Meet Rachel. She is caught in a spiral of endless crying, dirty nappies, and sleepless nights. She fears for her sanity - and the safety of her children. She's lonely.
Meet Adam. Suffering from the pain and trauma of a terrible accident that he blames himself for, he stays at home, unable to bring himself to leave the house. He's lonely.
So when Rachel and Adam rekindle their long lost friendship online, what starts as a little harmless flirtation soon becomes an unhealthy obsession, and slowly the threads of their lives unravel before them.
Four lonely people. Two unhappy marriages. One dangerous but inevitable climax.
When you have kids, people warn "everything's gonna change" and "say goodbye to sleeping." These phrases and other clichés tempt one to think "because 'we're pregnant, we're both in this together. It'll be different for us."
Rachel opens the story as an exhausted, sleep-deprived mother of two. She yearns for the spirited, child-free days of youth. She wants to go back; back to when she and her husband, Adam were full of vigor and a voracious sexual desire.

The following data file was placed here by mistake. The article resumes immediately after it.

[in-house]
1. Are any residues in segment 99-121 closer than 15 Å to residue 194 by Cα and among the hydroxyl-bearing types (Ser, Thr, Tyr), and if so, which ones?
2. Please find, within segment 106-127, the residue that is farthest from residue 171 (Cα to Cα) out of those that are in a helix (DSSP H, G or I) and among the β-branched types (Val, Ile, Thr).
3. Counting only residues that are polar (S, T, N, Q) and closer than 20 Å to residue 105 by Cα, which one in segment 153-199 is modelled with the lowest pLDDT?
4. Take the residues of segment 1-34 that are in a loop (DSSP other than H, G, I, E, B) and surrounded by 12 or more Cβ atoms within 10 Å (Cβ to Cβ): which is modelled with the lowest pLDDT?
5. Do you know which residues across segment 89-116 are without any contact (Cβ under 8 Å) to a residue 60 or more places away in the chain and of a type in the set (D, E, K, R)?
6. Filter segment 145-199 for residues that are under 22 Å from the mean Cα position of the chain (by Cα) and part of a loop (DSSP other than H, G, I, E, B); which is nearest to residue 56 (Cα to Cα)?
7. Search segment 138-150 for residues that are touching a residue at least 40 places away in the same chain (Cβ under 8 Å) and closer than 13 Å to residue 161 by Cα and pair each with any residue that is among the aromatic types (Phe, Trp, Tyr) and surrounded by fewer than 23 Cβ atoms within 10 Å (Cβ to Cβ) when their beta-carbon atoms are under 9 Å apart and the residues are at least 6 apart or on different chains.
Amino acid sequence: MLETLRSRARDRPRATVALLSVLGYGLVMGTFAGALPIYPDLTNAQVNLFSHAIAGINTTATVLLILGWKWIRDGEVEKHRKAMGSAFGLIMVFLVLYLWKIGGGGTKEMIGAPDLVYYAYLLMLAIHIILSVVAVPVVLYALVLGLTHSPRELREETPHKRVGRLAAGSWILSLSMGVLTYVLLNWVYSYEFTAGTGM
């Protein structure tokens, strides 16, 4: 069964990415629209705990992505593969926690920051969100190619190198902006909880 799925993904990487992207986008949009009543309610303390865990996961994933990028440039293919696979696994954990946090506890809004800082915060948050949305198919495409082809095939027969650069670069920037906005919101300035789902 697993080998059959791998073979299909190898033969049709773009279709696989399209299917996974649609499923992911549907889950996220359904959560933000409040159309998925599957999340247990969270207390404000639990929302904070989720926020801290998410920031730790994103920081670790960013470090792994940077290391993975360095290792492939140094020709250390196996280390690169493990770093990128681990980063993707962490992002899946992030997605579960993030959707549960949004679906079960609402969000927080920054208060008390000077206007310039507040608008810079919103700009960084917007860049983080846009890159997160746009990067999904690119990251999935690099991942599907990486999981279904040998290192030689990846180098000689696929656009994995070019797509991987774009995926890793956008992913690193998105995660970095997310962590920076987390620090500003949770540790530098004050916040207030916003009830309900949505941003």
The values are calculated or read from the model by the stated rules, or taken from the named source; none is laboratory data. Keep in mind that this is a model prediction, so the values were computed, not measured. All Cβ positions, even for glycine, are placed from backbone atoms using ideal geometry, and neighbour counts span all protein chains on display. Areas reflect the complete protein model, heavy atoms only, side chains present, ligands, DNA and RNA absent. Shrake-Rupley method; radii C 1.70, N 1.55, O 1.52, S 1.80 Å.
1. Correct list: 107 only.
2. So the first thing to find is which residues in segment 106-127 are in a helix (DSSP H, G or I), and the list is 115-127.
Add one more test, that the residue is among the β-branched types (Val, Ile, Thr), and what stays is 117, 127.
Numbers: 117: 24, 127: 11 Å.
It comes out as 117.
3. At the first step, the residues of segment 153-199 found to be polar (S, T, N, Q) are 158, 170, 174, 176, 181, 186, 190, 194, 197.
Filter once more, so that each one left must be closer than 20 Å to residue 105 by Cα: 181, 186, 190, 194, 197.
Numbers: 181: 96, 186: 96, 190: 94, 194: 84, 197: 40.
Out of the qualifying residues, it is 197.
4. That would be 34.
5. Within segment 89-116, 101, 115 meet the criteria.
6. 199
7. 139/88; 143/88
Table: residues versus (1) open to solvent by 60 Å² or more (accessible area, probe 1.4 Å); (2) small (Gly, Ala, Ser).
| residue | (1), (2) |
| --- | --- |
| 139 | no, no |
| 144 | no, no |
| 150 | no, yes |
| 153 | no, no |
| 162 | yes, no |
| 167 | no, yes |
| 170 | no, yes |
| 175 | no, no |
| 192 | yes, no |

In the wake of an horrific accident, Adam works from home. He works better this way. He's able to cope with left-over traumatic thoughts and feelings working solo. His home office is a perfect metaphor for his marriage: disconnected.
The author reels you in quickly, as she writes spot-on sentient details that transport you from your reality to hers. You picture the ubiquitous laundry piles and gag at the fetid, dirty diapers. She gives you the repetitive timestamp of illicit text messages.
You feel, see and cringe as you listen. The author makes this story real. So real, you can imagine it happening to someone you know.
As the couple's feelings, time and touch disintegrate, so does any semblance of their marriage.
The story escalates when Rachel engages in casual chatter with a man from her past. It's platonic, so what's the problem? It's not like she sent the "Friend Request."
In tandem, Adam branches out his social network. He knows it's good to step away from work. Besides, tonight's dinner is "something Rachel made on toast." --AUDIBLE 20 REVIEW SWEEPSTAKES ENTRY
I appreciate that a story about a woman with post-natal depression, her long-suffering husband and her old chum suffering from overwhelming guilt, is not going to be a barrel of laughs. I did however expect to feel a level of sympathy for the characters but unfortunately it never came. The main problem for me was that the first chapter meandered around the past and the present and the narrator did not employ any pauses so I could not pick up that the story was now in different time zone. As a result the overall effect was a turgid stream of consciousness which was frankly quite boring. I did stick with this until chapter three but without any discernible improvement, I gave up and will return this.
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